4. Gonzaga (19-4, 7-0 WCC)
A 70-49 victory at San Diego on Saturday more or less qualifies as a close call for Gonzaga; the Bulldogs' past four wins came by an average margin of 30.8 points, including a 106-77 victory at Saint Mary's, purportedly Gonzaga's chief competition in the WCC. Courtney Vandersloot totaled 45 assists in four games since these rankings last appeared. And Janelle Bekkering, a key complementary piece for any postseason run, hit 14 of 23 shots in the same span. What hurdles remain don't seem likely to trip the Bulldogs (especially prep hurdler Kayla Standish); Gonzaga plays five of its final seven conference games at home, with only a road swing to last-place San Francisco and sixth-place Santa Clara interrupting the stretch.
5. Temple (15-6, 6-0 Atlantic 10)
As well as Xavier is playing, it can't claim to be the only unbeaten team in the Atlantic 10. Unbeaten Temple gets a test Saturday at Duquesne, but it added an impressive 84-56 home victory against Richmond to its profile on Saturday. Wright State transfer Shey Peddy seems to be coming into her own in conference play. Through six league games, Peddy leads the team in free throw attempts, assists and steals, owns a two-to-one assist-to-turnover ratio and is averaging 14.3 points per game, up from 12.1 out of conference. Perhaps not coincidentally, Kristen McCarthy's shooting percentages are also up noticeably in A-10 play.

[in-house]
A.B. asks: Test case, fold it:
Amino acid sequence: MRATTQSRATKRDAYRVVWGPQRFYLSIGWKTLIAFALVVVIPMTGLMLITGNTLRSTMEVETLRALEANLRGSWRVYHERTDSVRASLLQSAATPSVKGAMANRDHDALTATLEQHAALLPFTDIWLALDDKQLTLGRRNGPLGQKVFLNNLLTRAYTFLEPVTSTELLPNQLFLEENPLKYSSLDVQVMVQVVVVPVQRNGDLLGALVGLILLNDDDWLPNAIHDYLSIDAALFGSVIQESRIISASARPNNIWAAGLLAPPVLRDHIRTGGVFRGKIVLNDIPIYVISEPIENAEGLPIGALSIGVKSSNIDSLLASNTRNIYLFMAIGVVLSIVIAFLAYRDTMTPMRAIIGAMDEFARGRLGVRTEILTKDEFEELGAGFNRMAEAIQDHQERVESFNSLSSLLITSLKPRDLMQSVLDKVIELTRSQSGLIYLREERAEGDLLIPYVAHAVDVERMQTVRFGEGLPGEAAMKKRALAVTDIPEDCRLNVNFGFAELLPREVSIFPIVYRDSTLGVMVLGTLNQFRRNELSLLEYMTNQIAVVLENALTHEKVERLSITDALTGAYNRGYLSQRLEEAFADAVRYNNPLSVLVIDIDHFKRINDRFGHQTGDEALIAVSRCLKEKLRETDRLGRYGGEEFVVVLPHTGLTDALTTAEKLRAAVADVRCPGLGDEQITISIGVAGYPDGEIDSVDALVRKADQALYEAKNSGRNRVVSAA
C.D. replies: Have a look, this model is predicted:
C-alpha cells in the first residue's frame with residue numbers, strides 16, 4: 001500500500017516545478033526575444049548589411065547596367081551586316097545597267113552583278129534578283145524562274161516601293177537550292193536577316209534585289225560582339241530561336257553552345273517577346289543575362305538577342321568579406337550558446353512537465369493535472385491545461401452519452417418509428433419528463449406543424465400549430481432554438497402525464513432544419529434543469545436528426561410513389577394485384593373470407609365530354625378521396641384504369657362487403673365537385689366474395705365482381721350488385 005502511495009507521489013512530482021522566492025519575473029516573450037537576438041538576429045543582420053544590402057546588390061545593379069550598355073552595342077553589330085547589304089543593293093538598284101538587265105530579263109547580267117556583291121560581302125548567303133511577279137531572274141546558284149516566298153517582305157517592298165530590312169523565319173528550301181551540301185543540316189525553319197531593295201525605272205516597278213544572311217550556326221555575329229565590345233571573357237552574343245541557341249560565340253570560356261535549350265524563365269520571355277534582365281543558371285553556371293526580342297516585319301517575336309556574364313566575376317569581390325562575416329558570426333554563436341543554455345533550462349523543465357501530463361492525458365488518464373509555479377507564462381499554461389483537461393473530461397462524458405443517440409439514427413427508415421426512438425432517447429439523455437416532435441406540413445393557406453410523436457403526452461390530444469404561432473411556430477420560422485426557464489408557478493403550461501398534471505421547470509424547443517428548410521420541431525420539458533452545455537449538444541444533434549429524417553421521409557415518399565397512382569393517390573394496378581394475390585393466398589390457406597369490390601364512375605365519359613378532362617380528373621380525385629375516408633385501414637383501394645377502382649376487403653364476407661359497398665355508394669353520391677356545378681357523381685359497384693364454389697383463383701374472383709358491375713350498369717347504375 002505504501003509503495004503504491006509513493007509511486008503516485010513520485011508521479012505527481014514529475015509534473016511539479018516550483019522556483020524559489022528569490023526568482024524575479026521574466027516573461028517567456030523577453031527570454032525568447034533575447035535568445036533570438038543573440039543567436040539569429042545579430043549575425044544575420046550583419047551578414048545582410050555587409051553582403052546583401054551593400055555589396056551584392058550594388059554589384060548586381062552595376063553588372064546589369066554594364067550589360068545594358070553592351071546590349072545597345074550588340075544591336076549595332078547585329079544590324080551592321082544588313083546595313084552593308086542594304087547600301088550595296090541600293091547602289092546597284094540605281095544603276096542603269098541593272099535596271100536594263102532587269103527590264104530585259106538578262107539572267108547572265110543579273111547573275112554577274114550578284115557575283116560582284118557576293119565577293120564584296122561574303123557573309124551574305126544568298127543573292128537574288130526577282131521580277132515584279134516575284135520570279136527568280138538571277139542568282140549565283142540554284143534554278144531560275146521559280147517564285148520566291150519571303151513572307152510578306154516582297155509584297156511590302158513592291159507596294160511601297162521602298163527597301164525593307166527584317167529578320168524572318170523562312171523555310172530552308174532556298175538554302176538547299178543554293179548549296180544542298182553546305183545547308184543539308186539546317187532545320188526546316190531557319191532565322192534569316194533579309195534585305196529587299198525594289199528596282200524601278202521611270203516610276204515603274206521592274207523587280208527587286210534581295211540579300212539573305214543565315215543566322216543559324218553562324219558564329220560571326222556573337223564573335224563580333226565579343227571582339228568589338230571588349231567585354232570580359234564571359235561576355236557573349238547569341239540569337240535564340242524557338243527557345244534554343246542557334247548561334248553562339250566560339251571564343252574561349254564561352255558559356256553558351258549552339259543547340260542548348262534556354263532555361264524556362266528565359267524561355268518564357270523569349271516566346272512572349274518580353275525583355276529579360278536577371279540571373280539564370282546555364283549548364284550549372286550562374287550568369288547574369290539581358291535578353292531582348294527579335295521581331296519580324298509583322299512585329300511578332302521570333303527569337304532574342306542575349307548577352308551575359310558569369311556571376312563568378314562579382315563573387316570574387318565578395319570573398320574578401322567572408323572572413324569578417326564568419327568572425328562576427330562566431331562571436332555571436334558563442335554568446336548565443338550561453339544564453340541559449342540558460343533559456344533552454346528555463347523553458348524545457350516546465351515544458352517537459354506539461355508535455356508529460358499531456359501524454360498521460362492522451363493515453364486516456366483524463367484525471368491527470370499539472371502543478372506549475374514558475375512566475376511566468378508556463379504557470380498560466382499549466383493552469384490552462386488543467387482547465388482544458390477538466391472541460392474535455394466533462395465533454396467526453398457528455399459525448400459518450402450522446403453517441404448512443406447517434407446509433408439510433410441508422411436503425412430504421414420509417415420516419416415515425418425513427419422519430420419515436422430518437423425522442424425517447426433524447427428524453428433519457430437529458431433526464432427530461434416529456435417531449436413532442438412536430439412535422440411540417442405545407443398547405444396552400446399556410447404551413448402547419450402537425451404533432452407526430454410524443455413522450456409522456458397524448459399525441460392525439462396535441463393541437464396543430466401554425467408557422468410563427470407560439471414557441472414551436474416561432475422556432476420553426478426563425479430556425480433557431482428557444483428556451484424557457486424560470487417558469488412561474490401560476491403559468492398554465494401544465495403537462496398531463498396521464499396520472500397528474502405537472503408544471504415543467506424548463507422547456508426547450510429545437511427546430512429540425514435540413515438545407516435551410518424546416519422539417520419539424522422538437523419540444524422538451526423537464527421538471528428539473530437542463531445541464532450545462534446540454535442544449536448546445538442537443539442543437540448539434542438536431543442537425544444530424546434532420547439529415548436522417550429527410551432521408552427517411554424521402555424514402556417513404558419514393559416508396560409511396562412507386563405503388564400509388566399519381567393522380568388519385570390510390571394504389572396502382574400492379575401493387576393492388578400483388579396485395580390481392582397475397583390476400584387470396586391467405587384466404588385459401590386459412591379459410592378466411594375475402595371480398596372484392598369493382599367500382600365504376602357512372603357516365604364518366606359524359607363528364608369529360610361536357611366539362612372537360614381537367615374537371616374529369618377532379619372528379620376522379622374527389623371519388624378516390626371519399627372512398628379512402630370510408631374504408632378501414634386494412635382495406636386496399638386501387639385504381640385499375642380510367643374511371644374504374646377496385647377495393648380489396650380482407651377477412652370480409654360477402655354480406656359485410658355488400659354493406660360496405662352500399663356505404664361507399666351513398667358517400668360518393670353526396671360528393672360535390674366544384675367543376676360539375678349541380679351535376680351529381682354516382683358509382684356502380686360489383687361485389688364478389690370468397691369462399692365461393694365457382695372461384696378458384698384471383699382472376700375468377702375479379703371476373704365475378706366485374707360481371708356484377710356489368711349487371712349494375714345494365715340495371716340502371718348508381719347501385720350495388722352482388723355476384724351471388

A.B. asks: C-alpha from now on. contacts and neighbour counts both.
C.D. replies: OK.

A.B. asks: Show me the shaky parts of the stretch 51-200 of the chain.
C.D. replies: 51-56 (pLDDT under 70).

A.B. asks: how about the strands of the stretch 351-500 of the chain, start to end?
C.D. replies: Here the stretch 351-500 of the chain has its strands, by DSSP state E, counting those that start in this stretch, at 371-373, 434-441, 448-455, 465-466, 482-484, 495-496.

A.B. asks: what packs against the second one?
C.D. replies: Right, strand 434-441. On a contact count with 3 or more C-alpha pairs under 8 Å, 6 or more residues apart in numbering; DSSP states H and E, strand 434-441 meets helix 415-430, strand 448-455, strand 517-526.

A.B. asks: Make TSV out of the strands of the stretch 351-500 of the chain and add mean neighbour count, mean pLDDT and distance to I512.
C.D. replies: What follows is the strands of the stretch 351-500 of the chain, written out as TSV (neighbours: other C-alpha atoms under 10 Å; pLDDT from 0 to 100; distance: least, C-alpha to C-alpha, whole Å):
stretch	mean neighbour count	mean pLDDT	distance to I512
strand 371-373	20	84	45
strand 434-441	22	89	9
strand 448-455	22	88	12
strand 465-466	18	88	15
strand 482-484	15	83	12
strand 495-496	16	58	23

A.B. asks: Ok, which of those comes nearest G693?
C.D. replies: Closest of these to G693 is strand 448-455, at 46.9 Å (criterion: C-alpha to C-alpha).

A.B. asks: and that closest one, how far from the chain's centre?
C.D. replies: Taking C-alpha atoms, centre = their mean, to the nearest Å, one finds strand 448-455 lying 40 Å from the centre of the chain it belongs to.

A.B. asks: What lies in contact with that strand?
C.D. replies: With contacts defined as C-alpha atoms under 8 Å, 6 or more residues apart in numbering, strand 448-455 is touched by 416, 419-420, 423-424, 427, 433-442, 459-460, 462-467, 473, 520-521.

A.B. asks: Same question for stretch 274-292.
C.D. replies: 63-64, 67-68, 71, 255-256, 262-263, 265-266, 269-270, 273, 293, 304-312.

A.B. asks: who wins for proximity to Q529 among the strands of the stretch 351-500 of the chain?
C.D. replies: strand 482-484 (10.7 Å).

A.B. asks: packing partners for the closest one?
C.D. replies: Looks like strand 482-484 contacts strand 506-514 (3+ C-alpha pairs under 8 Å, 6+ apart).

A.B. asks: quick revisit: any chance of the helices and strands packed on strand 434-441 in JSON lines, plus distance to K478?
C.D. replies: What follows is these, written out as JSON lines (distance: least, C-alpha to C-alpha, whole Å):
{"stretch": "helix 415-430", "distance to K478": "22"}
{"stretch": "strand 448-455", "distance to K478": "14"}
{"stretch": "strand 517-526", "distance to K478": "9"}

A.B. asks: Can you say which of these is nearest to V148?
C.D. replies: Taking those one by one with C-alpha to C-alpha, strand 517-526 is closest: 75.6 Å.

6. Duquesne (18-3, 5-1 Atlantic 10)
A home loss against Richmond on Jan. 19 put a slight damper on Duquesne's rise, but the team bounced back to win the games it should against La Salle, George Washington and Fordham over the past two weeks. That sets up an opportunity to follow up earlier road victories at Ohio State and Dayton with a big home meeting with Temple this weekend. The game against the Owls will be a matchup of guards on the rise, with Duquesne's Vanessa Abel squaring off against Peddy. A stat-stuffer in everything but points prior to conference play, Abel is averaging 11 points per game in A-10 competition.
7. Louisiana Tech (15-5, 7-0 WAC)
A familiar name makes its first appearance. Louisiana Tech got off to a slow start this season without Shanavia Dowdell, but the past month has been a major success. After a victory against Georgia and narrow loss against Marquette in Miami just before New Year's, Tech opened 2011 with a win against Southern Miss and seven victories in a row in WAC play, including a triple-overtime win at Fresno State on Jan. 13, a 24-point victory against Nevada on Jan. 24 and a successful swing through Idaho this past weekend. All of which sets up Saturday's rematch with Fresno State. Adrienne Johnson ranks first in scoring, fifth in rebounding and third in steals in the WAC.